In her new book and upcoming Crosscut/KCTS 9 series ‘Out & Back,’ the Seattle outdoor activist shares her running journey.
by Caroline Gerdes
(This article originally appeared in Crosscut and is republished here under an agreement.)
In Alison Mariella Désir’s new book, Running While Black: Finding Freedom in a Sport That Wasn’t Built for Us, Désir discusses her physical journey as a runner, running as activism, and how the sport saved her life.
Continue reading Alison Mariella Désir on Reclaiming Space and ‘Running While Black’ →
Before appearing at the Crosscut Festival, the Pulitzer Prize winner chats about the significance of the year 1619 and the backlash the project has faced.
by Caroline Gerdes
(This article is published under an agreement with Crosscut. The Emerald is a proud media Sponsor of the May 7, 2022, Town Hall event, “Retelling Our History with Nikole Hannah-Jones.”)
The Emerald is the only place that truly covers my neighborhood’s news stories and makes my news puzzle (and me) whole. I used to feel exasperated at the invisible South End news pieces, but the Emerald makes my picture complete. Join me in supporting the Emerald as a recurring donor during their 8th anniversary campaign, Ripples & Sparks at Home, April 20–28. Become a Rainmaker today by choosing the “recurring donor” option on the donation page!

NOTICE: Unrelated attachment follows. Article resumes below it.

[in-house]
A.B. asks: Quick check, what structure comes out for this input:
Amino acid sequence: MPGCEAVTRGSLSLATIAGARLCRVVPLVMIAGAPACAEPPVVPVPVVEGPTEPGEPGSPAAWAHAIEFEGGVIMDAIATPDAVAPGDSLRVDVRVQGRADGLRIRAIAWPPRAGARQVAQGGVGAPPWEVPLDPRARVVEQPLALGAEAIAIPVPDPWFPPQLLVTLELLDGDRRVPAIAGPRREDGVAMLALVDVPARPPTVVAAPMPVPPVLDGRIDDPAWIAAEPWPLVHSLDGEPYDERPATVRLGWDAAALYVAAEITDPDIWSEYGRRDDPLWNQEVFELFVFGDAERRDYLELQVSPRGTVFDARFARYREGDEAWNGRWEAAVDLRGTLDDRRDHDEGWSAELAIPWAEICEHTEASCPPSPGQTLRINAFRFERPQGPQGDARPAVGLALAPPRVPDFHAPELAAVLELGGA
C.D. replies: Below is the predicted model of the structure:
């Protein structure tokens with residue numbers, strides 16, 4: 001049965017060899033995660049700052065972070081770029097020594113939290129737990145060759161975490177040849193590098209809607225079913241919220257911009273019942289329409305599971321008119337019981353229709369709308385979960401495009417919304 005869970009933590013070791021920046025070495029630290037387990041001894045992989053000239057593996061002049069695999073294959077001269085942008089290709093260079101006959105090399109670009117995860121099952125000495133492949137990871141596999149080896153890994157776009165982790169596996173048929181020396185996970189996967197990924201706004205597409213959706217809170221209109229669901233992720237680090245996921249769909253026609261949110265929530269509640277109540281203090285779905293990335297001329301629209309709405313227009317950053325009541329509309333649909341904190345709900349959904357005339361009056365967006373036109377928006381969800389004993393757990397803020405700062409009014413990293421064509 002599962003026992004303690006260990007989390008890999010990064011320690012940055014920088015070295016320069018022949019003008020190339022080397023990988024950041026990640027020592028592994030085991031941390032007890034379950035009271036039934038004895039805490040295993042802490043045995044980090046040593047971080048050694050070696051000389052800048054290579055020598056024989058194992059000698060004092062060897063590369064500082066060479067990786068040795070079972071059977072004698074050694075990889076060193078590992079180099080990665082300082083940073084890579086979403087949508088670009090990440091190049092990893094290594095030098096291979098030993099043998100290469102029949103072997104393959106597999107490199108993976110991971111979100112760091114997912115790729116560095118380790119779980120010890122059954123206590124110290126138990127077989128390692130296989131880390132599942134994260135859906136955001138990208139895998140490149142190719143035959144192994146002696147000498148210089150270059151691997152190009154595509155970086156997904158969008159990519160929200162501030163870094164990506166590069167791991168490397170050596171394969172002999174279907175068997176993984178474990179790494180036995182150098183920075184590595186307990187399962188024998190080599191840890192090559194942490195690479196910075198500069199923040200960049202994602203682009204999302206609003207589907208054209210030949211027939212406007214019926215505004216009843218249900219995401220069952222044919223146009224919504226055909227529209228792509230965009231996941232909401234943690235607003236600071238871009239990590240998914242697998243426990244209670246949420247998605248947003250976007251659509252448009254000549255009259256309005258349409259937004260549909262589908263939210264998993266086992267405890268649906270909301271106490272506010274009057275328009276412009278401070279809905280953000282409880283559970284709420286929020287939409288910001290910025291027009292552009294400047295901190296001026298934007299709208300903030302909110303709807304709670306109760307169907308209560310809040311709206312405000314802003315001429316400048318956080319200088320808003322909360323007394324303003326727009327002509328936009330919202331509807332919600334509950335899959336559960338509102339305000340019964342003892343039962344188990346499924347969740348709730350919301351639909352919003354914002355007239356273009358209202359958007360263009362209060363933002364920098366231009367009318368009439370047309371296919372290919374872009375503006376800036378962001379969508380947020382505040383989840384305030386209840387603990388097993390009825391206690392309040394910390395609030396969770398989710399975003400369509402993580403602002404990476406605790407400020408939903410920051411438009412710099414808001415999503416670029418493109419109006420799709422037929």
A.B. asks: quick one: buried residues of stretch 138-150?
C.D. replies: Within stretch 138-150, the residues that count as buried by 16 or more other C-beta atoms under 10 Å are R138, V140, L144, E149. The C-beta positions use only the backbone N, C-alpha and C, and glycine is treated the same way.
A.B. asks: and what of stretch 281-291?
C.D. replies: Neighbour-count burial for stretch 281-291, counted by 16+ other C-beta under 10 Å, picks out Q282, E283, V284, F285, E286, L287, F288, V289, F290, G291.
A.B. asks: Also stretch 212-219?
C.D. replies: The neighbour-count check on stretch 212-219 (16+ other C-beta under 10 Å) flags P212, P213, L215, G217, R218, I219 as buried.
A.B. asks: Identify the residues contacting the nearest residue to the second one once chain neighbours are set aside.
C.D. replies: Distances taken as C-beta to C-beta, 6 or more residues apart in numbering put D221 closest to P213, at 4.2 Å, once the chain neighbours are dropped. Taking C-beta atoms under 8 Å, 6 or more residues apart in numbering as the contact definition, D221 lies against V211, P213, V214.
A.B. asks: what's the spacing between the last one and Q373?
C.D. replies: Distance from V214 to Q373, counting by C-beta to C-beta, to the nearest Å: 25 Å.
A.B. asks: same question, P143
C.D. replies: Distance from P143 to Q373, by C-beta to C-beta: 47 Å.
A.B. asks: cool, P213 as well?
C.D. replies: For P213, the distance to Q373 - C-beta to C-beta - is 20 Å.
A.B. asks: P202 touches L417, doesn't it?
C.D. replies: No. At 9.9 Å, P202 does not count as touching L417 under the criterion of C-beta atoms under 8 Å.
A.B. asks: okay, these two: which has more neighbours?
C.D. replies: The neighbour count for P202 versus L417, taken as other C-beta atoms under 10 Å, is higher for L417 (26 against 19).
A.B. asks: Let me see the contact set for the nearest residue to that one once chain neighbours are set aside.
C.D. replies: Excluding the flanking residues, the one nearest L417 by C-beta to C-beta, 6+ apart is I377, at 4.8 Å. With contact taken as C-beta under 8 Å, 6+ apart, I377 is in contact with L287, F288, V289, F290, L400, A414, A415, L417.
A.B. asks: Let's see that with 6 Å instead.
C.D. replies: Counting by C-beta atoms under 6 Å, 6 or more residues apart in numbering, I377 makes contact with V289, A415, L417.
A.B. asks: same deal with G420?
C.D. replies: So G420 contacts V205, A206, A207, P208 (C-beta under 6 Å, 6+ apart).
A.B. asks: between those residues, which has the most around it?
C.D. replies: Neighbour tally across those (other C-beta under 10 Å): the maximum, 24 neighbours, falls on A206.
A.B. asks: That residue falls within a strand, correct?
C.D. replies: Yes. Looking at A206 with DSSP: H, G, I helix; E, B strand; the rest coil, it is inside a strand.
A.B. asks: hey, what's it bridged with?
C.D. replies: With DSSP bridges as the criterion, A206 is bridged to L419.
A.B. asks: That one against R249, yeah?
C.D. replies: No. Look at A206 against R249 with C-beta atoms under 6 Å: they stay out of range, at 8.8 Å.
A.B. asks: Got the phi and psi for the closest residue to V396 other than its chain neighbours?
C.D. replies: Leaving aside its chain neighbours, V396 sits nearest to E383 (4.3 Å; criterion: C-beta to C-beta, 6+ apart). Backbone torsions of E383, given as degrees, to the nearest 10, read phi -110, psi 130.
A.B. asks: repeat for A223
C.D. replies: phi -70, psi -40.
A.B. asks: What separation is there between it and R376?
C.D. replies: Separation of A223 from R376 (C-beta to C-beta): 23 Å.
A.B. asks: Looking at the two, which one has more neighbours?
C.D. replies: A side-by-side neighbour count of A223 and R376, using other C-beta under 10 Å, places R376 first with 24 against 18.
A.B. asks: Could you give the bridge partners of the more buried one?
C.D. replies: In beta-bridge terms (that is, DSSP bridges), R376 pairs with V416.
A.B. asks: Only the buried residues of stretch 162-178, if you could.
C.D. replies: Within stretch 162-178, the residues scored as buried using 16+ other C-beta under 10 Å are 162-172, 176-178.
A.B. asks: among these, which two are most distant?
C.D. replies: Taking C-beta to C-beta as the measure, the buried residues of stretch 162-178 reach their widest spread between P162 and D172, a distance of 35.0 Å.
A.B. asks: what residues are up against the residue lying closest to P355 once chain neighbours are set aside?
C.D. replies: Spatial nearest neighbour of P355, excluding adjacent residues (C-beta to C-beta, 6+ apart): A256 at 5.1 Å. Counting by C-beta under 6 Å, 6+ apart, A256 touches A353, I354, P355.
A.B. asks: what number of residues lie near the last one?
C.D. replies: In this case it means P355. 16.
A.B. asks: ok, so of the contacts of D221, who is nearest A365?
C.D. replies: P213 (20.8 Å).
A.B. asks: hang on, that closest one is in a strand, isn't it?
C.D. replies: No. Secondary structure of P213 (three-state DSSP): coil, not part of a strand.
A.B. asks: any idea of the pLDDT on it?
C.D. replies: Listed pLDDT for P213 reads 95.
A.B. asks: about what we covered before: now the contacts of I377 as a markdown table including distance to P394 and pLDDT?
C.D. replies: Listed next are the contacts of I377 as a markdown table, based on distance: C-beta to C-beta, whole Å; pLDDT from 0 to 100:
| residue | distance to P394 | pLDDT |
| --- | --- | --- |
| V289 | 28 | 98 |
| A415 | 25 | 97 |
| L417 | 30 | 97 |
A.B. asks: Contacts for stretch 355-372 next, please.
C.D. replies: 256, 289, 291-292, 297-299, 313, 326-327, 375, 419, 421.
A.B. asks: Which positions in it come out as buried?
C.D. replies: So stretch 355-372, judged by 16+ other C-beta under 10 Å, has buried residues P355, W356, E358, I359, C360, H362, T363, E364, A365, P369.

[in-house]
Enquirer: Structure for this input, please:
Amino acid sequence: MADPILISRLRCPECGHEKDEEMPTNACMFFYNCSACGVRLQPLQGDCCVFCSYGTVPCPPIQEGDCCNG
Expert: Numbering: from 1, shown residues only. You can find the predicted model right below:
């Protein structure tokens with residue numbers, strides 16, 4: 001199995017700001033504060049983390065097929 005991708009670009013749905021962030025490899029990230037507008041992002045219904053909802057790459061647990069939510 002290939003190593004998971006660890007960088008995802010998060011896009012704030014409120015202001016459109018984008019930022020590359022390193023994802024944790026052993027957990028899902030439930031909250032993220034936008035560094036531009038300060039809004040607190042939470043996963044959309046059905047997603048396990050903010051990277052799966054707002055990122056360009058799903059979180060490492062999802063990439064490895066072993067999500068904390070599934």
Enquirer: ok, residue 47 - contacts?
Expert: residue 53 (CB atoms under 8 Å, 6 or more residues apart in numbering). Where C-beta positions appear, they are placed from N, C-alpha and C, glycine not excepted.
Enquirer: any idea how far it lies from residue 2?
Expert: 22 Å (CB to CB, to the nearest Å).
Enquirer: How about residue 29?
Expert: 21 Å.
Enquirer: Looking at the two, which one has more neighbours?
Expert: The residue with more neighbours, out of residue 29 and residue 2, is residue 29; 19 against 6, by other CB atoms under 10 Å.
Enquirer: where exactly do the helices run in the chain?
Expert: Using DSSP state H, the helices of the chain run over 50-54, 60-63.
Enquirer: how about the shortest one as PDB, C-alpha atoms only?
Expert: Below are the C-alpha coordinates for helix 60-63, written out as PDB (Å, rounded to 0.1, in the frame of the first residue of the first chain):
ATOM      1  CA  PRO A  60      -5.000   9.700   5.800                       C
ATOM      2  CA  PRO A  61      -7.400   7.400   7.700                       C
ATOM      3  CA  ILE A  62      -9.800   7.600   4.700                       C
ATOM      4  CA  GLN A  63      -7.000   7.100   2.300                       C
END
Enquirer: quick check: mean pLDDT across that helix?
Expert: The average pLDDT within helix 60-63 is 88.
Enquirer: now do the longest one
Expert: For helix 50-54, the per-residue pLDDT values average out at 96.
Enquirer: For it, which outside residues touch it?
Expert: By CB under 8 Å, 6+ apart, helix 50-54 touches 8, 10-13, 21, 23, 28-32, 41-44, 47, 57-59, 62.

—Susan Davis, Rainmaker
When The New York Times Magazine’s The 1619 Project originally hit newsstands in 2019, it quickly became a national phenomenon. People searched for physical copies of the magazine, shared it among friends, family, and co-workers, and educators began using it in their classrooms. The project has continued to expand and recently became a book, The 1619 Project: A New Origin Story. Nikole Hannah-Jones, a Pulitzer Prize winner and creator of the landmark project, will headline the Crosscut Festival, where she will discuss The 1619 Project, the new book, and more.
Continue reading A Q&A with Nikole Hannah-Jones About What’s Next After ‘The 1619 Project’ →